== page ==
Living in Ireland
Information for British nationals living in Ireland and information on driving regulations in Ireland
Entry and residence procedures
A common travel area is in existence between Ireland and the United Kingdom (including the Channel Islands and the Isle of Man). There is no formal agreement between Ireland and the UK regarding the common travel area and it is not provided for in legislation.
The common travel area means that there are no passport controls in operation for Irish and British Citizens travelling between the two countries. Since 1997, some controls are in effect on arrivals in Ireland from the UK but this does not mean that you are required to carry your British passport with you when you travel between the countries.
When you arrive in Ireland, you may be asked for valid official photo-identification which shows your nationality. As you are being asked to prove that you are a British Citizen it is advisable to travel with your passport.
The majority of airlines travelling between the two countries require a passport as proof of identification. We advise that you contact the airline you intend to travel with, for advice on their requirements.
Social and cultural life
Ireland is a dynamic, lively, modern country, with a young population. The population of Ireland is approximately 4.5 million. Saint Patrick’s Day (March 17th) is Ireland’s official national day. It is a national holiday and festival parades are held in towns and cities all around the country.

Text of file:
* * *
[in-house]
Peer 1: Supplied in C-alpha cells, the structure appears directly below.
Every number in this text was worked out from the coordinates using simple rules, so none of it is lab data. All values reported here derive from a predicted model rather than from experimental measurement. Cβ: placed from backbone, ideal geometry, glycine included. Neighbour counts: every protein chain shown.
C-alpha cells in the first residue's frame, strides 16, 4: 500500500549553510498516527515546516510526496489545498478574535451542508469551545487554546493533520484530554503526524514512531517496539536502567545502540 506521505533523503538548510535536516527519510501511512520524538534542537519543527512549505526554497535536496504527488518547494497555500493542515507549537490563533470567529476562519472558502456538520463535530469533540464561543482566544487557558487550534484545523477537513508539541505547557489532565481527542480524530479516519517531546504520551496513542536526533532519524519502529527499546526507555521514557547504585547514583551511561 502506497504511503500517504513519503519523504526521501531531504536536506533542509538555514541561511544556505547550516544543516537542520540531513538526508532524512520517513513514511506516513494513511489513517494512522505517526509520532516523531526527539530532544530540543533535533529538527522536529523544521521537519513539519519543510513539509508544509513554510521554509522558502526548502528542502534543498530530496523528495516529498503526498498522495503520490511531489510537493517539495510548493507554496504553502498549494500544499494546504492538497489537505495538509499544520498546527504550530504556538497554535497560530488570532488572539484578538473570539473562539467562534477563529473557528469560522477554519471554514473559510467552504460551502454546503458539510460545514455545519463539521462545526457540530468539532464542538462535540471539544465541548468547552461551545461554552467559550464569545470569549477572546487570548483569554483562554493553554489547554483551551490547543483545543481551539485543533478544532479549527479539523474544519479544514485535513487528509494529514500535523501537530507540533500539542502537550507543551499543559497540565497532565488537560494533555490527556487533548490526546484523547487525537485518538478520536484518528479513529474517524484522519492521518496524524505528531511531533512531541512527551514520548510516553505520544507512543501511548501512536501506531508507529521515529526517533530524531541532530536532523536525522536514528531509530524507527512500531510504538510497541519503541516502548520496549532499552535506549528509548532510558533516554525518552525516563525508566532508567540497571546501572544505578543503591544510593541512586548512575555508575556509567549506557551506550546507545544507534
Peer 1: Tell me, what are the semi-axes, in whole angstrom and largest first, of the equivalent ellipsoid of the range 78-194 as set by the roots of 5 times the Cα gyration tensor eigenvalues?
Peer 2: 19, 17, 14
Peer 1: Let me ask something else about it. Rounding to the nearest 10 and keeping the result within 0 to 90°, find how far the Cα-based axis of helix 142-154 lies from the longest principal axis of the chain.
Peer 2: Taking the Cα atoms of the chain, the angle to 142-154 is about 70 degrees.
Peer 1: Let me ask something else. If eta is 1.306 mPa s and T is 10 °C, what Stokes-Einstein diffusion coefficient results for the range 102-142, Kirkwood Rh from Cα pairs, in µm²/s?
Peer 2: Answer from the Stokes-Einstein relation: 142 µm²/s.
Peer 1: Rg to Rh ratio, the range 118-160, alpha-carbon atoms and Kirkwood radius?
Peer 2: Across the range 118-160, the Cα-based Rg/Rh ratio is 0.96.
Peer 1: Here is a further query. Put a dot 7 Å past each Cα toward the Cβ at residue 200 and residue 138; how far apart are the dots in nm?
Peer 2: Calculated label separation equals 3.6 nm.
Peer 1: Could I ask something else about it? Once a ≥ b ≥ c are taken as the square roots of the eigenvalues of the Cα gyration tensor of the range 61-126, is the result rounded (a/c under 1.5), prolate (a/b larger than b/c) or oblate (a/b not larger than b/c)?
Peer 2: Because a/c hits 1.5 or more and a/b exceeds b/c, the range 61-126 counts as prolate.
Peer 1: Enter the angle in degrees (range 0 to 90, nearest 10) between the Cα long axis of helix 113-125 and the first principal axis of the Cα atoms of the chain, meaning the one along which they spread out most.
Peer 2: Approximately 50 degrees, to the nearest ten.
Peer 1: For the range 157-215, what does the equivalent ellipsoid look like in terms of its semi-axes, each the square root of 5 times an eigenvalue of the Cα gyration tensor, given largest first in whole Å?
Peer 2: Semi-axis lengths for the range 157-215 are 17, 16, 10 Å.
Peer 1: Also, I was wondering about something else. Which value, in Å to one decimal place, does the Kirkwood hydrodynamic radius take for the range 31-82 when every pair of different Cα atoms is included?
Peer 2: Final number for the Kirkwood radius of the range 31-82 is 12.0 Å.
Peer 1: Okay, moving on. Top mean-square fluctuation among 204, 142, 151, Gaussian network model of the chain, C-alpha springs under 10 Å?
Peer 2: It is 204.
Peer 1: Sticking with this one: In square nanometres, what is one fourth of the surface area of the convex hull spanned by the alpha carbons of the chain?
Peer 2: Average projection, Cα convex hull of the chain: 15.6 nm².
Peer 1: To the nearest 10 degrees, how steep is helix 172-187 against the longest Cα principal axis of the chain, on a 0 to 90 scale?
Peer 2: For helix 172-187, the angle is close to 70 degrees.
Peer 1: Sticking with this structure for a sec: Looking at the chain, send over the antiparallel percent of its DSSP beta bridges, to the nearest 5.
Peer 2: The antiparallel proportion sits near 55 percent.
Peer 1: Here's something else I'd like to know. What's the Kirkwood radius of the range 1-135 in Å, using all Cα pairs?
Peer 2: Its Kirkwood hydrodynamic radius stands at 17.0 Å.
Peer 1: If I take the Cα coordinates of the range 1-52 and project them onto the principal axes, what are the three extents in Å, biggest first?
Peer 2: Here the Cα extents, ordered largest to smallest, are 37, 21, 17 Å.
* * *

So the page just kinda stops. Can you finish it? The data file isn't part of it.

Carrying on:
Ireland has two national languages – Gaelic and English.
Gaelic football and hurling are very popular, traditional sports exclusive to Ireland. Ireland is a euro zone member state. The unit of currency is the Euro (€).
Information on visiting Ireland can be found at Discover Ireland.
Information on moving to and living in Ireland can be found at Citizens Information.
Driving in Ireland
If you have a British driving licence you can drive in Ireland as long as your existing licence is valid. If you wish to exchange your driving licence for an Irish driving licence, you must do so within 10 years of your driving licence expiring.
You are required to produce your own licence for inspection when hiring a vehicle in Ireland. All countries in the EU and European Economic Area (EEA) benefit from a “mutual recognition” agreement in respect of driving licences.
In January 2005, all driving speed limit signs in Ireland changed from miles per hour to kilometres per hour. The maximum permissible driving speed on Irish Motorways is 120 km/ph.
The wearing of seatbelts in front and rear seats of a vehicle is compulsory in Ireland. There’s also an additional onus on drivers to ensure persons under 17 travelling with them are suitably restrained.
Irish Road Traffic laws deem it illegal to use a hand held mobile phone while driving in Ireland. Our advice to all motorists is to turn it off or put it on silent until you can pull the car in somewhere safe or until you reach your destination.
When driving in Ireland you’ll be subjected to Ireland’s driving penalty points system, a system designed to save lives and prevent injuries resulting from road crashes and collisions. When driving in Ireland on a foreign driving licence, your details will be held on a separate database for the purpose of recording driving penalty points. If you later obtain an Irish driving licence, any previously acquired penalty points will be activated on that licence.
Importing a car into Ireland
All cars/vehicles brought or imported into Ireland (apart from temporary visits of less than 12 months) are subject to Vehicle Registration Tax and must be registered with the Revenue Commissioners. The tax rates vary depending on engine size – but are around 25% of the expected selling price.
People who move to Ireland and have owned their vehicles abroad for more than 6 months and who are moving permanently to Ireland are exempt from Vehicle Registration Tax.